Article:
Arrears of Dividend No. Also, the dividends aren’t compulsory to be paid each year. The decision lies with the management Yes, along with the current year’s pre-fixed rate of dividend
Capitalisation Higher risk Lesser chance of over-capitalisation
Financing Term Long-term financing Mid or long-term financing
Mandate to Issue Compulsory, if seeking to raise equity capital for the company’s business Not compulsory
Investment denomination Low High, going up to a minimum of INR 10,00,000
Type of Investors Aggressive investors with a risk appetite, who are okay with not being paid a fixed rate of interest but would like to enjoy voting rights Investors with more savings and lesser appetite and tolerance for volatility risk, looking for annually paid dividends
Associated Burden Not mandated to pay, can do in case of good performance Have to pay dividends that are fixed as part of the contract


Equity shares have higher risk and volatility, but they provide voting rights and the possibility of large returns. In contrast, preference shares have a lower potential for return and rarely grant voting rights, but they do offer fixed dividend payments and increased stability. There is no one-size-fits-all approach; the right choice for you depends on your investment goals and risk appetite.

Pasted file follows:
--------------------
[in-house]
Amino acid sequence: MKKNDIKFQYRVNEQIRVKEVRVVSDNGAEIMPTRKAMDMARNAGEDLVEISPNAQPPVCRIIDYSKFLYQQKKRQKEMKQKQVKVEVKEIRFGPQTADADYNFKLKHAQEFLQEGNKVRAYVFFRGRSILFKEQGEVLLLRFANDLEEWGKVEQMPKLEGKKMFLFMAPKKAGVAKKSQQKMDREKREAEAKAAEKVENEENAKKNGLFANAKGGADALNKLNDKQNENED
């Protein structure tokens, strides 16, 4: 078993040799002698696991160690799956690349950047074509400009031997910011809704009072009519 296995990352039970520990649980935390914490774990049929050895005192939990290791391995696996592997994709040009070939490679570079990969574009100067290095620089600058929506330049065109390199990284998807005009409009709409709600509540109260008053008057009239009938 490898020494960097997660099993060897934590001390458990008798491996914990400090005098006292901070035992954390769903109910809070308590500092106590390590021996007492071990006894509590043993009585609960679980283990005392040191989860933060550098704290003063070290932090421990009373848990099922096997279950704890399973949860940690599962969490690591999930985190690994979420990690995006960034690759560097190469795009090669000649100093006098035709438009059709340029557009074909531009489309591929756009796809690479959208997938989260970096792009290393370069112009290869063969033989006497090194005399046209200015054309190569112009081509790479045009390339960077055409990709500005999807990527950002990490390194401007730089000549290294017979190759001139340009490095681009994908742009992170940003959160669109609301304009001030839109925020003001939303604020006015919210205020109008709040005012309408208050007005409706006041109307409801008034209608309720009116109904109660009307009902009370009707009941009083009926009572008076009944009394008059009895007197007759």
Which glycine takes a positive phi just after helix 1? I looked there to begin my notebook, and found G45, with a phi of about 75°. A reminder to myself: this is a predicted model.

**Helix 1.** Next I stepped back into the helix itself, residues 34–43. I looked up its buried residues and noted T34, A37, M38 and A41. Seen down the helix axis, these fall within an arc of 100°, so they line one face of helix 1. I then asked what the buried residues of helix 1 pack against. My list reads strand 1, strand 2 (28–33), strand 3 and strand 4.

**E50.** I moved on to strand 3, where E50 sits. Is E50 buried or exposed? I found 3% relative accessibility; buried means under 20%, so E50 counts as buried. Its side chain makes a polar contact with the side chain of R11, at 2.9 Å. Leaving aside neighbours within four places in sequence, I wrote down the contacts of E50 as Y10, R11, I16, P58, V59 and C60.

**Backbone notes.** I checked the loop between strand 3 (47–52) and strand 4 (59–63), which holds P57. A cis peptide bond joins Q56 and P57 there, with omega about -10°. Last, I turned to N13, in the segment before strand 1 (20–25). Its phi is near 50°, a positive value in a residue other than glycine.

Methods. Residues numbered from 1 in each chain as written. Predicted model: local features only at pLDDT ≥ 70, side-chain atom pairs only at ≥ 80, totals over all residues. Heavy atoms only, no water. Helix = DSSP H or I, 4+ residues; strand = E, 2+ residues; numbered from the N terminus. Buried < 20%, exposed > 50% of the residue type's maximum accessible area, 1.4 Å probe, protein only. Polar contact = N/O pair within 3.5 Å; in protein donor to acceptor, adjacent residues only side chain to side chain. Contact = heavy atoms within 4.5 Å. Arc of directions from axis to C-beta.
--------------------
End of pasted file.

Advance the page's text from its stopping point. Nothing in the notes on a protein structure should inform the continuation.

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Disclaimer: This article is for information purposes only and should not be considered as stock recommendation or advice to buy or sell shares of any company. Investing in the stock market can be risky. It is therefore advisable to research well or consult an investment advisor before investing in shares, derivatives or any other such financial instruments traded on the exchanges.


What is the difference between preference shares and equity shares? Which one is better?

Shares of equity have higher risk and volatility but also provide voting rights and the possibility of large returns. In contrast, preference shares have a lower potential for return and typically do not grant voting rights, but they do offer fixed dividend payments and increased stability. The right choice depends on your investment goals and risk tolerance, as well as the value of the company.

Do I get ownership of the company with preference shares?

Yes. It must be noted that preferred stockholders are partial owners of a company, but unlike common shareholders, preferred shares do not come with any voting rights.

Are equity share dividends taxed in India?

Yes, In India, dividend income is subject to taxation. A TDS of 10% is applied to dividend payouts exceeding INR 5,000 in a financial year. However, you can avoid TDS by submitting forms 15G/15H if your total income falls below the tax exemption limit.

Can preference shares be bought from the open market?

Yes, if listed. Investors can purchase and sell these shares based on their current price once they are listed on the stock exchanges, following an IPO.

Is it possible to trade preference shares in India? 

Yes, it is possible to trade preference shares in India as they are listed in the same way as regular stocks. Preference share liquidity, however, can change based on the particular conditions of each share.


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  • Know The Difference Between Equity Shares and P... says:

    […] Equity shares vs Preference Shares – Understand what equity shares and preference shares is and also know their uses. To know more, click here at TradeSmart!  […]